Teacher, Work During Your Non-Contract Hours
Without a doubt, this topic FLOODED my inbox. Teachers who are done, absolutely DONE, with feeling guilt for not working during non-contract hours adamantly wrote their frustrations with this ridiculous expectation placed on educators. No other career that pays in this scale requires such commitment (for no extra pay, either). This topic could be divided into three categories.
Teachers should care more about other people’s children than their own.
This one broke my heart. Absolutely, hands-down, I had tears in my eyes reading some of the stories that educators are living. For whatever reason, society as a whole has placed this expectation on teachers. Teachers must give up their time that should be spent making memories with their own children, spouse, and family members to keep up with running their classroom.
I would add to this, that teachers are expected to care about other people’s children even more than their own HEALTH. I cannot tell you how many times I personally would skip meal planning on a Sunday in order to finish grading that pile of essays because of this overwhelming teacher guilt I felt about somehow not providing enough feedback for my students. I could just throw together a lunch for tomorrow, and figure out the rest of the week as it came, right? My best friend stopped going to the gym for an entire WEEK in order to create a brand new unit around a novel for her 6th grade students because she knew it would reach them more than her previous plans would.
Was that her choice? Sure. But why do most educators make moves like that? Because they feel this enormous pressure to constantly be on their A-game for the students they adore. Unfortunately, their own health takes a back seat. I’m sure you all know what that leads to… and it isn’t beneficial for ANYONE.
Teachers will keep up with grading, planning, providing feedback, answering parent and co-worker email… even if it requires non-contract hours to complete. Don’t complain, teachers, you get great benefits & summers off.
In the popular slang of today, I first want to say, “Them’s fightin’ words”. Aside from pulling teachers away from family or their own health, this is one of the most damaging expectations placed on educators. NEVER should a professional be expected to work outside contractual hours without additional pay. Period. A set calendar is agreed to at the beginning of the year, with a set number of days, with set contractual hours. Those benefits, holidays and summers off were all calculated in when determining initial salary.
The additional 5-20 hours that MOST teachers are putting in on weeknights, weekends, and other time off are ADDITIONAL. As in, not included in their original agreed-upon hours. As in, additional pay would be given for any other professional job for additional work. Teachers, for the love of all that is education, do NOT allow anyone to tell you that great benefits and summers off is compensation for sacrificing time with your family.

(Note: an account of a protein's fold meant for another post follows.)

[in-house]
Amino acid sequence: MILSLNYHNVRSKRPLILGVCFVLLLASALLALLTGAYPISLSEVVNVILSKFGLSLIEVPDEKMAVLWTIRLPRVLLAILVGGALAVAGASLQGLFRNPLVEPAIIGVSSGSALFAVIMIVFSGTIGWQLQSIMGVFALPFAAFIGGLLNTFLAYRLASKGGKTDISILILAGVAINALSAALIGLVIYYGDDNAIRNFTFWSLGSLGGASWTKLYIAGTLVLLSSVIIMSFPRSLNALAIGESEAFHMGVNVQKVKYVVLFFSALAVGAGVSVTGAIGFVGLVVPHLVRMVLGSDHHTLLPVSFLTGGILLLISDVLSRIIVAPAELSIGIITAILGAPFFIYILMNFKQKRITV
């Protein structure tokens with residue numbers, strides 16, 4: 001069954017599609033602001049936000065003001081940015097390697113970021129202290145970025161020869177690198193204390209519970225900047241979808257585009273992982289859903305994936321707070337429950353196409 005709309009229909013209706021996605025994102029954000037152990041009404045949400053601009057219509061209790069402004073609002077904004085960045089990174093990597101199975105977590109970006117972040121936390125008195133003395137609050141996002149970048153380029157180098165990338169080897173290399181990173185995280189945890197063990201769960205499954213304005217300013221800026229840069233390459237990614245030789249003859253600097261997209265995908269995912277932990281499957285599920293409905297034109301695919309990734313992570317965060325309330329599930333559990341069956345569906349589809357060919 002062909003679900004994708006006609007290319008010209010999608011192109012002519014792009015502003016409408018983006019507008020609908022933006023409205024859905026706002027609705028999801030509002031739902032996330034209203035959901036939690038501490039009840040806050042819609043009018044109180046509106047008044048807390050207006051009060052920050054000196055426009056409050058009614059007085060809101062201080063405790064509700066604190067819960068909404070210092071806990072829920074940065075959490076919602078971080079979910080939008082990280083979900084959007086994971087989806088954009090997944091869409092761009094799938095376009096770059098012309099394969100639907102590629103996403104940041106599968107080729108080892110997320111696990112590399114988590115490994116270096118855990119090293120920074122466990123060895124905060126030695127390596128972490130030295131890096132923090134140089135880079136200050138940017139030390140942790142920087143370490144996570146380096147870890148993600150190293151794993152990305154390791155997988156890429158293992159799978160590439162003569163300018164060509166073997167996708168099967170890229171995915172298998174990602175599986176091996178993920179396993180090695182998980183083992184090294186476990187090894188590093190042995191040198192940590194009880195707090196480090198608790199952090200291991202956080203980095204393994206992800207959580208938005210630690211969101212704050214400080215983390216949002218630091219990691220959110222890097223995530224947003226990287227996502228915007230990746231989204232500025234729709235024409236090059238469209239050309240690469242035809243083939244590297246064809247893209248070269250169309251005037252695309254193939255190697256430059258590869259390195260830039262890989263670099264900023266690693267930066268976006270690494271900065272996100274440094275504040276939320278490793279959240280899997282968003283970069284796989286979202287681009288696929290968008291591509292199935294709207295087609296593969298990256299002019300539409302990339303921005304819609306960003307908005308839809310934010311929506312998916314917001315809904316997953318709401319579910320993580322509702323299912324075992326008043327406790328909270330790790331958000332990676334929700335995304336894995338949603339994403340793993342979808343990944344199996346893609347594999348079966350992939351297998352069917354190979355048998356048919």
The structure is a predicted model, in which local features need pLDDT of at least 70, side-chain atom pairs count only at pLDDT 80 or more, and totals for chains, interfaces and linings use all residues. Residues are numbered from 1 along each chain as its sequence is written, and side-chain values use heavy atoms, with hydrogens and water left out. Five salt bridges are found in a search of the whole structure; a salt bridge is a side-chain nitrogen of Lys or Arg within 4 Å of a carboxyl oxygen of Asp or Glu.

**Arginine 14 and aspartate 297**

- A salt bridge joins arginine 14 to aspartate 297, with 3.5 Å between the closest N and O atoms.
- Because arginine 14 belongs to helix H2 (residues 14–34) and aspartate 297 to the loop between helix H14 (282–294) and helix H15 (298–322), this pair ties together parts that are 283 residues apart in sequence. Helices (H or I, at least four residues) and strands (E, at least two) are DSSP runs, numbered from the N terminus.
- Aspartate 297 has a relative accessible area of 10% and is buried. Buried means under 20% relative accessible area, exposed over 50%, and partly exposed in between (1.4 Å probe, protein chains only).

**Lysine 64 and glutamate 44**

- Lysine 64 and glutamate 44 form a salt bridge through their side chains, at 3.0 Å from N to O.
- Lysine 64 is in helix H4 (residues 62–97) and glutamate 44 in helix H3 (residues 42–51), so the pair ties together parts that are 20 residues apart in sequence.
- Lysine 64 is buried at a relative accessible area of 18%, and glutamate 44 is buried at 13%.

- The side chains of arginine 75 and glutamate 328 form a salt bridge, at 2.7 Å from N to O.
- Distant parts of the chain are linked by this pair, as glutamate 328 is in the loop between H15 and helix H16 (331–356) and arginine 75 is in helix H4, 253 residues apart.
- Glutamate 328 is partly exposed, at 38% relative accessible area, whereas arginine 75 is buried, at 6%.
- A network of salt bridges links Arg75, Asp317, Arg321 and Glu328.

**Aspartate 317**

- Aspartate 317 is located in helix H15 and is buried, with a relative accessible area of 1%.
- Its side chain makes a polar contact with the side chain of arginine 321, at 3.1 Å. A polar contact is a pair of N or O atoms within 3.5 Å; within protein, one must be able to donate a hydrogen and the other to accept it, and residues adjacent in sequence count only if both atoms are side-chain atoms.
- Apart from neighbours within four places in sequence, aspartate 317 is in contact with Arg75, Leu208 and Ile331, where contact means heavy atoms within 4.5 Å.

Teachers will learn how to use the newest technology and apps, as well as how to implement them into their lessons… but during their non-contract time.
Some schools offer PD days where they get a chance to explore new technology on a surface level. They are exposed to new apps, websites, gadgets, everything that may intrigue their students enough to want to learn. However, several teachers wrote in that they were not given time to implement the new technology into their lessons, and test them out. Thus, either their students became their guinea pigs for these new technologies, or they had to do research and testing on their own time. AKA, non-contractual time. Some teachers are even observed on how well they implement new technology into their lessons!
In perfect Rachel Hollis-style, I’ll give some tangible advice that may help educators who are feeling immense pressure to perform under these expectations. If you are a veteran teacher, you may already be a pro at these. If you are a brand-new teacher, take some notes and make your transition into your teaching career a bit easier.
Most Important Behavior: Learn How to Say No
If you are a people-pleaser, this will be the most difficult, yet a game-changing step for you to take. Learn what your expectations are for yourself, have a discussion with your administration about their specific expectations for your job performance, and then act accordingly. While parents, students, and the community will all have expectations of you as a teacher, you are the final determiner of what you allow – and what you don’t.
Stop trying to keep up with the Pinterest-perfect teachers you’re creeping on on social media, or trying to assign multiple writing assignments that all require you to provide HOURS of feedback for your students. Be smart. Keep the activities that are exceptional, and toss out the rest. Say no to perfection and over-achieving constantly, and say yes to the fun events going on during non-contractual hours with your friends and family.
Also, learn what extra duties to take on, and which ones to say no to. If admin or a co-worker asks you to be the coach to an athletic team or start a club, if it’s not a Hell Yes, then it’s a big, fat no. I know you want to be involved in your district. Make sure you’re only investing your time in things that light your soul on fire. That’s not being selfish. Accepting the role of Drama Club Director, even though you HATE choreography and designing sets is being selfish. Someone else could take that role of Director and bring LIFE into that program. You? Who hate everything about Drama Club? Well, you may stifle or extinguish a student’s love for that simply because your heart isn’t in it. Learn to say yes to only the things that ignite you, too.